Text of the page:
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[443] Territory over widespread communities, and the whole country in all its extent marshalling hostile divisions, and foreshadowing a conflict which, unless happily averted by the triumph of freedom, will become war,—fratricidal, parricidal war,—with an accumulated wickedness beyond that of any war in human annals, justly provoking the avenging judgment of Providence and the avenging pen of history, and constituting a strife such as was pictured by the Roman historian,—more than foreign, more than social, more than civil, being something compounded of all these, and in itself more than war,—'sed potius commune quoddam ex omnibus, et plus quam bellum.

After brief replies to senators, to be noted later, he reviewed the contest of the Nebraska bill, which the President had defended in his annual message,—a measure which was carried ‘in breach of every obligation of honor, compact, and good neighborhood; . . . pressed by arguments mutually repugnant; . . . carried through Congress in defiance of all securities of legislation; . . . in every respect a swindle,1. . .a word, if it has not the authority of classical usage, has on this occasion the indubitable authority of fitness,’ alone ‘adequately expressing the mingled meanness and wickedness of the cheat;’ the passage of the Act followed by the appointment of territorial officers supposed to be friendly to slavery. Then came a narration of the transactions of fraud and violence in the Territory itself, the barbarous enactments of the legislature, and the successive invasions from Missouri, with Atchison in the foreground,—‘a familiar character, in himself a connecting link between President and border-ruffian,’ who at the session immediately succeeding the Nebraska bill, ‘like Catiline, stalked into this chamber reeking with conspiracy,’ where he had found ‘in the very Senate itself, beyond even the Roman example, a senator who had not hesitated to appear as his open compurgator.’2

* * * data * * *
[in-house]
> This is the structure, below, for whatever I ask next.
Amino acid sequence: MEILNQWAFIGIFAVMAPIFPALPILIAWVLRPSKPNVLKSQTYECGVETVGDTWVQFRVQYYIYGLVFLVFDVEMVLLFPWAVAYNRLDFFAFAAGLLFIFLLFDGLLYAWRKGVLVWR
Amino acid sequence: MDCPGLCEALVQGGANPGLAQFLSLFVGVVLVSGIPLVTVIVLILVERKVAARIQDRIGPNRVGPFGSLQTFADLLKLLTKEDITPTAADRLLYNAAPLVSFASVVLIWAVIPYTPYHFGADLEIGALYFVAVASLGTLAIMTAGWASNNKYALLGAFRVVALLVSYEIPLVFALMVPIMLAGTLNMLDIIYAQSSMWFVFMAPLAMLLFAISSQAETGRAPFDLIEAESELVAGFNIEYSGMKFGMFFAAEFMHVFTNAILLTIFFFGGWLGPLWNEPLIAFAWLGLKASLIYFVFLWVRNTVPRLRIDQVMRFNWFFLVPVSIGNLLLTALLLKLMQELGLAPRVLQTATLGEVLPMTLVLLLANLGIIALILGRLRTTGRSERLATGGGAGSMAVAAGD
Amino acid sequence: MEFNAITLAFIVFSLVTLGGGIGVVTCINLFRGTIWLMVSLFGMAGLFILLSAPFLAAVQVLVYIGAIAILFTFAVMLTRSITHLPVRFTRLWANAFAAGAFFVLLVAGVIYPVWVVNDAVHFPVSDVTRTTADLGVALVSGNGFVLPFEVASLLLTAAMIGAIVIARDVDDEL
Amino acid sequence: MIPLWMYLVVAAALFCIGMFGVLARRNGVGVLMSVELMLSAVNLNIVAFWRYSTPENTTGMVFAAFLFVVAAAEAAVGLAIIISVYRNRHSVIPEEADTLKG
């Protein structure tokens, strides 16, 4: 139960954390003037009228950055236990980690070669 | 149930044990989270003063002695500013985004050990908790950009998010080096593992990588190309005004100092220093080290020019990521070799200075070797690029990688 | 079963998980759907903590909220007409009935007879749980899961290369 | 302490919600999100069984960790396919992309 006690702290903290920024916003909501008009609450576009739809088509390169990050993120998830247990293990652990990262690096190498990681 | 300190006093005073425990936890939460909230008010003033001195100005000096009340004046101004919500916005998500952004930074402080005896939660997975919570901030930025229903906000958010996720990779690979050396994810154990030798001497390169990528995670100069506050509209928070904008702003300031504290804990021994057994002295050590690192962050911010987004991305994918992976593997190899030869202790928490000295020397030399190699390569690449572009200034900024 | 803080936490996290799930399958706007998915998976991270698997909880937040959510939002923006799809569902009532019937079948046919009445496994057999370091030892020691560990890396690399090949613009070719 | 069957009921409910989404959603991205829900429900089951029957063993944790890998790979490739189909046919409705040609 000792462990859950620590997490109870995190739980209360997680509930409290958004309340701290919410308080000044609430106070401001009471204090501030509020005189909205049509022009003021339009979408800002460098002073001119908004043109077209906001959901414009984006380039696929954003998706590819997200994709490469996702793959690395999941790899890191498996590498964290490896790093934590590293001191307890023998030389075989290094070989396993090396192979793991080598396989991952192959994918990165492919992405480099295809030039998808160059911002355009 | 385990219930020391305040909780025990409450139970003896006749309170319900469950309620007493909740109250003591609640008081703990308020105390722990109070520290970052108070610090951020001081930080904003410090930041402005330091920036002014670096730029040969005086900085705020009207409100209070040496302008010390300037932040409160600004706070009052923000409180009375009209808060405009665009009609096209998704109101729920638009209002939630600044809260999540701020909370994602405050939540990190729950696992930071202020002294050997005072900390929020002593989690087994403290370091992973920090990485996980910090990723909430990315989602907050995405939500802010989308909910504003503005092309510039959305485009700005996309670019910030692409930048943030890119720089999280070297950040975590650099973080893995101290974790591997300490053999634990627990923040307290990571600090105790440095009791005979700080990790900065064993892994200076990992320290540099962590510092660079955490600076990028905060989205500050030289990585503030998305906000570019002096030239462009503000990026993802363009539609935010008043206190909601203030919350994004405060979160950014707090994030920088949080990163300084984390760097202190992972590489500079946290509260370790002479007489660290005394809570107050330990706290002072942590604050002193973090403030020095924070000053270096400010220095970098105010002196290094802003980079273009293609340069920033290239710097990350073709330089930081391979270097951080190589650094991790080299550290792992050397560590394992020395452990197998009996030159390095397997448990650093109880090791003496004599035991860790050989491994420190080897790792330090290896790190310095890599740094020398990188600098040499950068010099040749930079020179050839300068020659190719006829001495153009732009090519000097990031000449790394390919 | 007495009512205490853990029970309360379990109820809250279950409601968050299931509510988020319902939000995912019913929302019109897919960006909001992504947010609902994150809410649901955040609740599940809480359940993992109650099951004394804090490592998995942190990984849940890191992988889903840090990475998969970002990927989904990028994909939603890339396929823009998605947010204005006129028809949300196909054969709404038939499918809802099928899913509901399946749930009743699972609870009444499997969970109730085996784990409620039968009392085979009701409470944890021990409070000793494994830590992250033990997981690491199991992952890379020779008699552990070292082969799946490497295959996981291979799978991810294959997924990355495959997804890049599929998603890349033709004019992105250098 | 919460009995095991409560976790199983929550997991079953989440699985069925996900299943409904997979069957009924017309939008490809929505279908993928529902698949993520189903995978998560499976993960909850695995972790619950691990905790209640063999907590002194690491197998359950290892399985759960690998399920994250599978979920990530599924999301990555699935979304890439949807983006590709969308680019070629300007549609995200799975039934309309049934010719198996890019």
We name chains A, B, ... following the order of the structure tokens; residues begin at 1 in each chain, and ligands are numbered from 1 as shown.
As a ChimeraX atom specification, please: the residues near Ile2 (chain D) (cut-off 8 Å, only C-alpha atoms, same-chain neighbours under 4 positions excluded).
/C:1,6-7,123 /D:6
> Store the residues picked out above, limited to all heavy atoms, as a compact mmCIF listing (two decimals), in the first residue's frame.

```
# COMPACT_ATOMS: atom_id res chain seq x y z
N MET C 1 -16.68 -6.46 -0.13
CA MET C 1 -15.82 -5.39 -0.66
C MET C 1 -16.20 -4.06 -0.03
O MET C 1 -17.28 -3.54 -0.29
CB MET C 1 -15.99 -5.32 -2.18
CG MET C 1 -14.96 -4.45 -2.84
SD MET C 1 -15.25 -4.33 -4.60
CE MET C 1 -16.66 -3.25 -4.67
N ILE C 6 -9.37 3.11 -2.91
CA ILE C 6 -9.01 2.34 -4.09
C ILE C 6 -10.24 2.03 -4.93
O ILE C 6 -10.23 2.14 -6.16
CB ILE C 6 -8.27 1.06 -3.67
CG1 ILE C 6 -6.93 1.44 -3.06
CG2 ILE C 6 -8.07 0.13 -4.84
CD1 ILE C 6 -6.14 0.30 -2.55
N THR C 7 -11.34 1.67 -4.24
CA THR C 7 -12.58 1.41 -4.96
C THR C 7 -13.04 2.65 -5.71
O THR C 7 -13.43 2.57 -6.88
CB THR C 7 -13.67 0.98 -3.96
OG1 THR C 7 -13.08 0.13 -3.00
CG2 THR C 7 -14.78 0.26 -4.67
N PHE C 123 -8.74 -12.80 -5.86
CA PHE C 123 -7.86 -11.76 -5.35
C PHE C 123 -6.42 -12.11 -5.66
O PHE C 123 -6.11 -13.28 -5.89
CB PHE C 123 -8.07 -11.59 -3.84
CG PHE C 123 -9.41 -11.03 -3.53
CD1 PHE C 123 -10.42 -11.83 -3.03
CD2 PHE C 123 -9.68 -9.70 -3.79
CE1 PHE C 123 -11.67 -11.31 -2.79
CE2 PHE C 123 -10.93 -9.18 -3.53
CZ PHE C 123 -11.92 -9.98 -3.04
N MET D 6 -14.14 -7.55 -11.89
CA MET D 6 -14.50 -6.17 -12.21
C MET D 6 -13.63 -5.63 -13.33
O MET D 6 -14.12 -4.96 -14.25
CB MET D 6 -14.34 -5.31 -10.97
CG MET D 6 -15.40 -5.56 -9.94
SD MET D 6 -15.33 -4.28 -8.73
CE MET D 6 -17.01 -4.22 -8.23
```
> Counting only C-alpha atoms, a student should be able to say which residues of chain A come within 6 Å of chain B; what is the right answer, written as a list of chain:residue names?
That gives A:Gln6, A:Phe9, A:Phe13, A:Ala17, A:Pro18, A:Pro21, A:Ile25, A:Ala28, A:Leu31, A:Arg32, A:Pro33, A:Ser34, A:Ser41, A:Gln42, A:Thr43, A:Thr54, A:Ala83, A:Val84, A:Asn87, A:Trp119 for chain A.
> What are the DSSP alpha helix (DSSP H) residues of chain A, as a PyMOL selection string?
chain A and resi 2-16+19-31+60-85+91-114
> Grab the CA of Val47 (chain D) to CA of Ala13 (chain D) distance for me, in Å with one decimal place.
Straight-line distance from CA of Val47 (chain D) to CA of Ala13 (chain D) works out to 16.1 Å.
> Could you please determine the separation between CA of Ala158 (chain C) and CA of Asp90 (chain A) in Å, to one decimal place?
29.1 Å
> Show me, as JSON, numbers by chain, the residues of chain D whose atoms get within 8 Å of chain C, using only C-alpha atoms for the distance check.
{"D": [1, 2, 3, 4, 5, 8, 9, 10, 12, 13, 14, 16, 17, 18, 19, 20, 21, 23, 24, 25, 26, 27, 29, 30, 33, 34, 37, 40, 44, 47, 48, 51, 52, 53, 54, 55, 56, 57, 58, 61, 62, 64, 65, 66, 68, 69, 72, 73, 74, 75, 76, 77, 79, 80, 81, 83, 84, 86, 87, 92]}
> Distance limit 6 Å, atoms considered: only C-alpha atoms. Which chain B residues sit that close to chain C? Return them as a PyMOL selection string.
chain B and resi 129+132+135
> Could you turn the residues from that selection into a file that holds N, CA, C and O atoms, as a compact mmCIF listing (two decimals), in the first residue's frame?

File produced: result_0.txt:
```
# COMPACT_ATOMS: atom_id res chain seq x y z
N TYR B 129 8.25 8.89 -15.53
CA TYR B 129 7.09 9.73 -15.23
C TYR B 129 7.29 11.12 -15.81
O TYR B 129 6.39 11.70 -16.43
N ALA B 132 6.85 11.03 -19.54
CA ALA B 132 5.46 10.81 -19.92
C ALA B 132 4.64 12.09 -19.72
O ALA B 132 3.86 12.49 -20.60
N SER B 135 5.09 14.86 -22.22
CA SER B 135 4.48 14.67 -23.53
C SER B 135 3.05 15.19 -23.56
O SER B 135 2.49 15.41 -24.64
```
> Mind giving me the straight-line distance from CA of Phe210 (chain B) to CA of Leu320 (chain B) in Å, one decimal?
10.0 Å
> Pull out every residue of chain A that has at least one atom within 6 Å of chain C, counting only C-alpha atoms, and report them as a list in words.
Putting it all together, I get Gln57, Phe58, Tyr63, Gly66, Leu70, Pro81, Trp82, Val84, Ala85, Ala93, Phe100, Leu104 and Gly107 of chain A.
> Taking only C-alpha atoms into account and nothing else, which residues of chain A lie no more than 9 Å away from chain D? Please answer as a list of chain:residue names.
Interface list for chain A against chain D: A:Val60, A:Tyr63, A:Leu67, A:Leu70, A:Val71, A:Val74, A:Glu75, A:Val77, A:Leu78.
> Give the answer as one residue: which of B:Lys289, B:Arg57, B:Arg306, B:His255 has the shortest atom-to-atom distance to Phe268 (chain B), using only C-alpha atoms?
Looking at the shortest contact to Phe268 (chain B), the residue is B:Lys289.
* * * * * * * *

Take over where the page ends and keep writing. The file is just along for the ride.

Thus was the crime consummated. Slavery stands erect, clanking its chains on the Territory of Kansas, surrounded by a code of death, and trampling upon all cherished liberties, whether of speech, the press, the bar, the trial by jury, or the electoral franchise. And, sir, all this is done, not merely to introduce a wrong which in itself is a denial of all rights, and in dread of which mothers have taken the lives of their offspring,—not merely, as is sometimes said, to protect slavery in Missouri, since it is futile for this State to complain of freedom on the side of Kansas, when freedom exists without complaint on the side of Iowa, and also on the side of Illinois; but it is done for the sake of political power, in order to bring two new slaveholding senators

1 Douglas was much incensed at the application of this term to his bill.

2 This was Butler, who on several occasions came to the defence of his ‘friend’ Atchison.

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